Tuesday, August 27, 2013



I never know what to say when its all over...which is a very unusual predicament to find myself in!  The feelings, emotions, words, thoughts are so overwhelming and have been swimming in my head now for two days.  The two words that keep repeating over and over are:  Wow and Thank You.

This year was a really great race.  I was a bit more confident than last year because I knew what to expect. (The first time in a transition area is insane.)  I had also been more active for several more months than last year so I felt in better shape over all.  AND Patrick would be at the finish line this year, which is huge.

My start time in the water was at 7:30am, an hour later than last year, which was nice.  I was still putting my bike into transition at 4:15am, but got to chill for a bit until I had to get into the lake.  The announcers at the swim start Todd Busteed and Michael Williams, gave an amazing tribute to Patrick.  They picked me out of the crowd and talked about how Patrick motivated me to start this journey a year ago and continue it on this year.  My fellow swimmers were terrific and everybody had encouraging words.  Its hard to explain how the energy and kind words from these announcers makes such a difference!  I was nervous, had a million thoughts going through my head, worrying if everyone figured out where to park and where to meet, hoping I wouldn't get run over by an uber swimmer...just totally spinning on stress adrenaline.  Then these guys' voices break through, focus me on Patrick, make me laugh, let me take a minute to remember how special this all is and turn it back into fun.  And I'm not the only one they make that happen for....thousands of athletes are warmed by their words.  I love them!!!

Let me just say, I love the swim.  Now, having said that, you'd think I'd be turboing my way through the water.  No.  Just the opposite.  For those that know me well, I am a water baby.  NOTHING makes me happier than being in/on the water.  I am a human bobber.  I can float vertically in water over my head.  Like I'm standing...only I'm not because I'm 5'2 and the water is way deeper than that.  So, during the swim section I actually have to remind myself there is a competition going on and I have set a personal goal to beat last year's time.  I'm lookin' around, waving at my friends, having a conversation back and forth...just chillin'.  Seriously.  Then it dawns on my that being the human bobber is not getting me to the finish line any faster.  But I did cut off a few minutes from last year's time anyway.

I'm also quite found of the bike.  The city is so beautiful and it wasn't too hot yet at the start of the bike. And the great guys at Glenview Cycle, suggested on Friday, (when i brought my bike in for a tune up...very last minute) that I change to smaller (skinnier) tires.  I was afraid that small tires wouldn't hold me up.  Despite my well developed ego, even I do not want the world seeing me in my tri suit, with every roll and wrinkle showing, sitting atop two flat tires that could not bear my girth.  Even I have my limits.  However, the Glenview boys assured me it has nothing to do with weight and my old tires were providing me with some unnecessary resistance training.  I will do anything to make my ride faster and easier.  The new tires were wonderful!!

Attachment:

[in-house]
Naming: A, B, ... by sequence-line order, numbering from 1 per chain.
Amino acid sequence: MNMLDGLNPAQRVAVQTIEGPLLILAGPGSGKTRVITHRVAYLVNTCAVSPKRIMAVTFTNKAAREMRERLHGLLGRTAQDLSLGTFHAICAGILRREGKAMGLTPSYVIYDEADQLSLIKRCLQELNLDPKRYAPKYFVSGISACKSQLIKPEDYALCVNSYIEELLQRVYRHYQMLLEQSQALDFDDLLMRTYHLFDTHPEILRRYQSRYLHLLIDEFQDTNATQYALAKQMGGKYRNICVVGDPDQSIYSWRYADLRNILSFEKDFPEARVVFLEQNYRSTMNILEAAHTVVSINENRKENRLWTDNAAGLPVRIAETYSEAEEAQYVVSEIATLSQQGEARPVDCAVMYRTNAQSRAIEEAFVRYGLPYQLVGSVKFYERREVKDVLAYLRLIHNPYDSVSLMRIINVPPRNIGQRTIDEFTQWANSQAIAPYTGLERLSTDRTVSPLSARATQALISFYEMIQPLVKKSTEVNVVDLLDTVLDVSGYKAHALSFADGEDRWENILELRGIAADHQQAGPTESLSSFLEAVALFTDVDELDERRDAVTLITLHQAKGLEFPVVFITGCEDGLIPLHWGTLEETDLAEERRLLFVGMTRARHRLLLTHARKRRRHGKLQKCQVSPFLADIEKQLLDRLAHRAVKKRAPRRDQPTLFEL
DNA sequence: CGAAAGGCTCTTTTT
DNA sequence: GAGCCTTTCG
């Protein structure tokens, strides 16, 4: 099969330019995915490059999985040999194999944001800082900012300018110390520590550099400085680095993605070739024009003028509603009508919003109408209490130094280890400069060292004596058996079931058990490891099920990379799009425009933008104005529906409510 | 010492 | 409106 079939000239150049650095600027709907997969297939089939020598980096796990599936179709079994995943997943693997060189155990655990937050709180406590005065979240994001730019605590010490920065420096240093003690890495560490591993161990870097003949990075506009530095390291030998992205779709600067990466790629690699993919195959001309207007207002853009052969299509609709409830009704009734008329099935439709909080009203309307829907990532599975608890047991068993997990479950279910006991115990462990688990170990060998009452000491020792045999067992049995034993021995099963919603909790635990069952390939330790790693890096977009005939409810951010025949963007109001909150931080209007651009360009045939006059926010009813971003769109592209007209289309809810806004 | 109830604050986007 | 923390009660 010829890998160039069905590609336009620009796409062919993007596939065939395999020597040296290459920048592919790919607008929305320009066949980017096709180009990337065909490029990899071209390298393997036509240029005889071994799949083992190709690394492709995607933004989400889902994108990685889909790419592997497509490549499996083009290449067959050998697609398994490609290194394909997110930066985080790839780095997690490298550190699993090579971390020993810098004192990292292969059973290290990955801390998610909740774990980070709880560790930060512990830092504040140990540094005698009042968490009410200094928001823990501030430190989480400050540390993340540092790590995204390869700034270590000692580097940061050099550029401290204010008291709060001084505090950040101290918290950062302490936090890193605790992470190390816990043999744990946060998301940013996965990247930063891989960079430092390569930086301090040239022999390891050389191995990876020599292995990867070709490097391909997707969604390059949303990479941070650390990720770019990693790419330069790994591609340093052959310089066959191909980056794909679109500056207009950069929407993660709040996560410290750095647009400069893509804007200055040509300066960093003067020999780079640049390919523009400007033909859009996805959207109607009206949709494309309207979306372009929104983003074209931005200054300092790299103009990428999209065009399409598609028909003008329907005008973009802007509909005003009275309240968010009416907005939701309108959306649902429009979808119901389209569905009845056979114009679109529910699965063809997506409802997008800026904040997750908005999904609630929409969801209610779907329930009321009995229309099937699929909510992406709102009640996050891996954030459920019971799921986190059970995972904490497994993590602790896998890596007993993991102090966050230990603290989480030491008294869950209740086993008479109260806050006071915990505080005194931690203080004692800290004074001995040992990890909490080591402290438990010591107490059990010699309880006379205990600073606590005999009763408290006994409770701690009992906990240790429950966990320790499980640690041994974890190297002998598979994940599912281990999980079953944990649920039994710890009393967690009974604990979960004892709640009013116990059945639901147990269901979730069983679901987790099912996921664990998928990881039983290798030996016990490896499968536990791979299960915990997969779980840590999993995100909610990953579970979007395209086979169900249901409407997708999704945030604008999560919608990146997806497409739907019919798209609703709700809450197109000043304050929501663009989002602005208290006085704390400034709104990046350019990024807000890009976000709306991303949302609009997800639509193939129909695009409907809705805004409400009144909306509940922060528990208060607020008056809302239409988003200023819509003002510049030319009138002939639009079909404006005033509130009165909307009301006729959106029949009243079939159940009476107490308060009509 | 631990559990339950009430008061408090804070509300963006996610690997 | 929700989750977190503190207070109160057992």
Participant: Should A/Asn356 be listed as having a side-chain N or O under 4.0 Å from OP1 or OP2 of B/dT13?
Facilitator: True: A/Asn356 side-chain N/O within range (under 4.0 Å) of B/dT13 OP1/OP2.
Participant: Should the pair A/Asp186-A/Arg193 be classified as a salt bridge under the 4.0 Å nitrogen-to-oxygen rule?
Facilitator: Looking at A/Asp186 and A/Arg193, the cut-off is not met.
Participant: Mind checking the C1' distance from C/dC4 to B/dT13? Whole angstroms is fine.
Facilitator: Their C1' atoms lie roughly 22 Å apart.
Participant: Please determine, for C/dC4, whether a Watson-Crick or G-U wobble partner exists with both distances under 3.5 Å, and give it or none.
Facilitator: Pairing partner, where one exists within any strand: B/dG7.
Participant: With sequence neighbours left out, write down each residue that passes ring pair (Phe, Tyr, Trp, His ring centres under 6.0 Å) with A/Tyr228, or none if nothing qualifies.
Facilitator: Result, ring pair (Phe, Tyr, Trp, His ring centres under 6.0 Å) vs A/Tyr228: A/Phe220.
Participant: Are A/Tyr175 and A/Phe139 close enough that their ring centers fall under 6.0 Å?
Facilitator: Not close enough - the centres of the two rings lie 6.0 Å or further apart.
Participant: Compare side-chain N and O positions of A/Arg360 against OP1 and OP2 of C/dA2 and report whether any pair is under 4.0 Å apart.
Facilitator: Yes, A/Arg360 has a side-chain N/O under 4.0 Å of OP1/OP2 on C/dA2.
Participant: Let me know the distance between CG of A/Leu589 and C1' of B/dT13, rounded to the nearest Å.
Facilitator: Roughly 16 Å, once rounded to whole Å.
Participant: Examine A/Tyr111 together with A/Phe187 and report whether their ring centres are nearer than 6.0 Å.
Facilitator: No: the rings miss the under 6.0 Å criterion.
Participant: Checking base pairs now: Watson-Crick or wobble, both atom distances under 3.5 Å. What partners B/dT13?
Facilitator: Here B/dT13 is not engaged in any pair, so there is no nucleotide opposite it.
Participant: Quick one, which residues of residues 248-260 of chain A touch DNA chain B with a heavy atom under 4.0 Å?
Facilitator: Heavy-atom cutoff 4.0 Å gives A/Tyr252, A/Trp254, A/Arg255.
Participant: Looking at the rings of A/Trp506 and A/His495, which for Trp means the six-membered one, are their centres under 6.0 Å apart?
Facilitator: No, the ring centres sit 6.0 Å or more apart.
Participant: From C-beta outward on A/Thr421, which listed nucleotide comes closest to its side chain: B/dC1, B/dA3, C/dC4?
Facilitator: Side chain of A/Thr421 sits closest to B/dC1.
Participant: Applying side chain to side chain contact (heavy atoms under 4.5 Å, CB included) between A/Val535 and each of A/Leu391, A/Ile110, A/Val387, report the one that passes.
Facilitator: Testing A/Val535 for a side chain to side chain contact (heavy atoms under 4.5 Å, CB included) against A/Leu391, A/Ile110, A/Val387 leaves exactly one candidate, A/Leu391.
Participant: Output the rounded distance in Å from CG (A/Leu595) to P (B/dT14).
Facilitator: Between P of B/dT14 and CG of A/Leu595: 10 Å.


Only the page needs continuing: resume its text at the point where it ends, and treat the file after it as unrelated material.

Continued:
The bike starts out on an up hill.  Yes, you heard me...STARTS UP HILL!  I have now heard Todd Busteed say, two years in a row, "set your gears in your bike so you are ready to ride up the hill".  I don't really know what that means.  So, I make my way up VERY slowly, changing gears every two seconds.  But I made it to the top without having to get off and walk!  There is a hill at the end that killed me last year and this year.  Just could not get all the way up without stopping and walking it.  But who cares?  The ride down was fabulous!

I'm just going to say it.  I HATE THE WALK!  I know I should be more of a good sport and not whine, but god I hate walking.  I'm not able to run it so I walk and it feels soooooooo slow.  And it was getting really hot.  My speed was good and much better than last year, but my back was  spasming so I had to keep stopping to stretch it and that pissed me off.  But there were so many great people along the way who remembered me from the swim and called out my name and encouragement and man, that is so energizing.  And the other athletes are incredibly nice!  I was stopping to stretch close to the end and looking pretty raggedy.  I was really hot, very tired and having to stop more frequently.  A very fit, authentically athletic looking guy stopped next to me and said, "you can not  stop.  you must put one foot in front of the other.  I am not going until you go."  Jeez....this guy is a real athlete...I'm sure he really cares about his finish time and he's stopping for me!  Well that got my ass moving. A few feet before the finish, I was starting to feel cold and getting goosebumps.  Not a good sign in 90 degree weather,  There was a young woman watching the race.  I asked her for water.  No idea who she was.  AND SHE GAVE ME HER WATER!!  Chicago rocks.